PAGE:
For us PC gamers, there’s a desire for the latest and greatest hardware, and there’s a definite cachet to having the coolest, fastest rig on the block. But in today’s PC gaming market, there’s really no reason to shell out for the most screamingly fast (and expensive) graphics card you can fit into your case.
I can already hear a million mechanical keyboards blasting out a reply in the comments, but let me explain myself. Don’t get me wrong: if a $700 graphics card is what you really, truly want, and you have the disposable income to afford it, go for it. But after you read the following points, you might just decide that a cheaper card and the savings therein are worth considering.
Pretend, for a moment, that you’re a game developer. You want as many people as possible to play your game, because that means that as many people as possible will buy your game. Typically that means developing it for multiple consoles (easy, mostly-static hardware targets with millions of users) and a large portion of the PC gaming market.
But that last point is much more nebulous. Just between the five major components of CPU, GPU, motherboard, hard drive or SSD, and monitor, there are millions of possible permutations of a “gaming PC.” It’s more or less impossible to design a game for any single one of them, so developers try to hit broad performance targets. And those targets generally include lots of medium- and low-end graphics cards, because video game publishers and developers like to sell video games to as many people as possible.
Graphics engines, the software bread in your video game’s entertainment sandwich, are now tuned and updated to run extremely well on low-end hardware. Popular titles like Overwatch, Rocket League, and DOTA are made so that they can run on low-end systems. And sometimes even the big, bombastic, graphics-heavy games can still run ridiculously well at the low-end: here’s the 2016 version of DOOM, an extremely fast and visually complex shooter, running at 30 frames per second on low resolution on a Surface Pro 2. That’s with an integrated Intel HD 4400 GPU—a little tiny baby laptop graphics processor!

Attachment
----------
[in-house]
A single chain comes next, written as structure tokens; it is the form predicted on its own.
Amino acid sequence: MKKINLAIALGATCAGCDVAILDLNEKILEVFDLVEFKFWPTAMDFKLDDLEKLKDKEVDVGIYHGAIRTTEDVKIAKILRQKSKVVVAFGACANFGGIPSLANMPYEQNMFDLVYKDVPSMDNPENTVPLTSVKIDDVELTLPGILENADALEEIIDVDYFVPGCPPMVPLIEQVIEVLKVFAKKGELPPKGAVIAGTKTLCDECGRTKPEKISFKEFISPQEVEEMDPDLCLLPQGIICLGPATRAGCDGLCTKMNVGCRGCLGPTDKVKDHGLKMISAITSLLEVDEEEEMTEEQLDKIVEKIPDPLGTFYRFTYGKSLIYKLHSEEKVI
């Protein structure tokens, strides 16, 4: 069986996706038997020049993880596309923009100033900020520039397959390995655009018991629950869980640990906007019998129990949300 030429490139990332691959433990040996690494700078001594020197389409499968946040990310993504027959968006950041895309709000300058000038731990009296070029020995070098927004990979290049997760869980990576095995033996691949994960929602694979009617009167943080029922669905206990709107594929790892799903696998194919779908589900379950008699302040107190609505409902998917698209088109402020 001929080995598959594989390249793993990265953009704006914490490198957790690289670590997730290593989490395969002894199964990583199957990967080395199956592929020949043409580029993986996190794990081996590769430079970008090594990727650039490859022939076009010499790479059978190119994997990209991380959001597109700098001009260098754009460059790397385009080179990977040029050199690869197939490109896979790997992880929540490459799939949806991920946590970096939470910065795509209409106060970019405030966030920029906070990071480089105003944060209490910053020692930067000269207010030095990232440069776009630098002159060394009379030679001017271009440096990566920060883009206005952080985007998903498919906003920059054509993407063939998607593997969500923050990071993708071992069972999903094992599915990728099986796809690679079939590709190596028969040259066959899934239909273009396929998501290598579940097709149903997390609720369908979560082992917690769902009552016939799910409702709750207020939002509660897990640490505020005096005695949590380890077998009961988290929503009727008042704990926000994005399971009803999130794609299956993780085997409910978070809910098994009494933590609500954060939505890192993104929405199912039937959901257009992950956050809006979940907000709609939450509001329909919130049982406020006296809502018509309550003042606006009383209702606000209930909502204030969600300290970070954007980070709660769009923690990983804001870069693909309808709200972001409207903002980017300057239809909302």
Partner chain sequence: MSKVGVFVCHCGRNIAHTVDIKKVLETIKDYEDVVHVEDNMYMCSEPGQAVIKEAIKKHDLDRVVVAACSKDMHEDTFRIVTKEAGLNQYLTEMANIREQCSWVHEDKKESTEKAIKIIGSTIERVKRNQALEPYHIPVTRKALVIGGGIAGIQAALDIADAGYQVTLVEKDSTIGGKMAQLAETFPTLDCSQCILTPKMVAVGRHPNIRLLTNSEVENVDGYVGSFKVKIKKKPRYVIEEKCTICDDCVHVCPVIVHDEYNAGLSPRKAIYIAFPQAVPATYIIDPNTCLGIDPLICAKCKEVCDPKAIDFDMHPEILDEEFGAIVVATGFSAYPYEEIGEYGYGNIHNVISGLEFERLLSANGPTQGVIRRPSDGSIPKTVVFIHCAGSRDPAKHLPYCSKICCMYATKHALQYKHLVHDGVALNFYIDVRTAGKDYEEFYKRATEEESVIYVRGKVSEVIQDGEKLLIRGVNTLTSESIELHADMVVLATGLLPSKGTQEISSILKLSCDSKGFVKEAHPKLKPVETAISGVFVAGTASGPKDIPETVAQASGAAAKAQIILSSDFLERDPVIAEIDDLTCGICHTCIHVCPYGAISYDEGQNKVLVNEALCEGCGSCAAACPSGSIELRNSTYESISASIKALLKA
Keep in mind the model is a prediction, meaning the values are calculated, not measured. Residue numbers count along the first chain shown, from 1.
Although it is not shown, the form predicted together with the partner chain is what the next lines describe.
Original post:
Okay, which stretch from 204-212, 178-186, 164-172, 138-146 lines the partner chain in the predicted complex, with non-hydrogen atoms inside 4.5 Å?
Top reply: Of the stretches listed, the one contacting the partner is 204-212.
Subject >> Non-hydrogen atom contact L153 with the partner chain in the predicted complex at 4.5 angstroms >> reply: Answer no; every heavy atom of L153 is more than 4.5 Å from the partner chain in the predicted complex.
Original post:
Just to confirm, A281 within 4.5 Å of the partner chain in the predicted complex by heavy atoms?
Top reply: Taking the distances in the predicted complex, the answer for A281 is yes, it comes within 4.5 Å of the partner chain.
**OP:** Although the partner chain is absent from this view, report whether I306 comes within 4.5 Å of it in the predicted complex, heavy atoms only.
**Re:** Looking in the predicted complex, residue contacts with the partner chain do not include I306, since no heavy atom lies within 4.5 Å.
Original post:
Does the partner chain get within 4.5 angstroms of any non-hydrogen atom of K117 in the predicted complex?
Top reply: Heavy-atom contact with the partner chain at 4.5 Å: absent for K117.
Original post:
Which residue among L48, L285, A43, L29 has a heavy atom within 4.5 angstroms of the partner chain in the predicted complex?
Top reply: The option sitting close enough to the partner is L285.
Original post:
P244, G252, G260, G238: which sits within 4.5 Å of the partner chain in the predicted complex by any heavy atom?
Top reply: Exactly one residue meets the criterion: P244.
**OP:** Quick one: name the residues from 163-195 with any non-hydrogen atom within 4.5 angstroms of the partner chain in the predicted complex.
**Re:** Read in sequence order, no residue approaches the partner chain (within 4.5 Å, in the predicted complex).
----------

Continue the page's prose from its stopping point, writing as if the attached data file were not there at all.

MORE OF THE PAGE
Not convincing? Fair enough—if you’re reading this article you’re probably thinking about a GPU upgrade for your full-sized desktop PC. Here’s the same game running on the NVIDIA GT 730, a barely-there graphics card that sells for about $60.
Now let’s assume that you have a slightly more flexible budget, one that stretches to $150. That’s a bit beyond most people’s impulse purchase range, but still well below the cost of a game console or even a mid-range GPU. This video has the Radeon RX 560, about $130, in a mid-budget setup. It’s missing some of the top-of-the-line special effects you crave, but now you’re getting 1080p resolution and above 60 frames per second, which is all most monitors can display, all for less than the cost of Destiny and its DLC.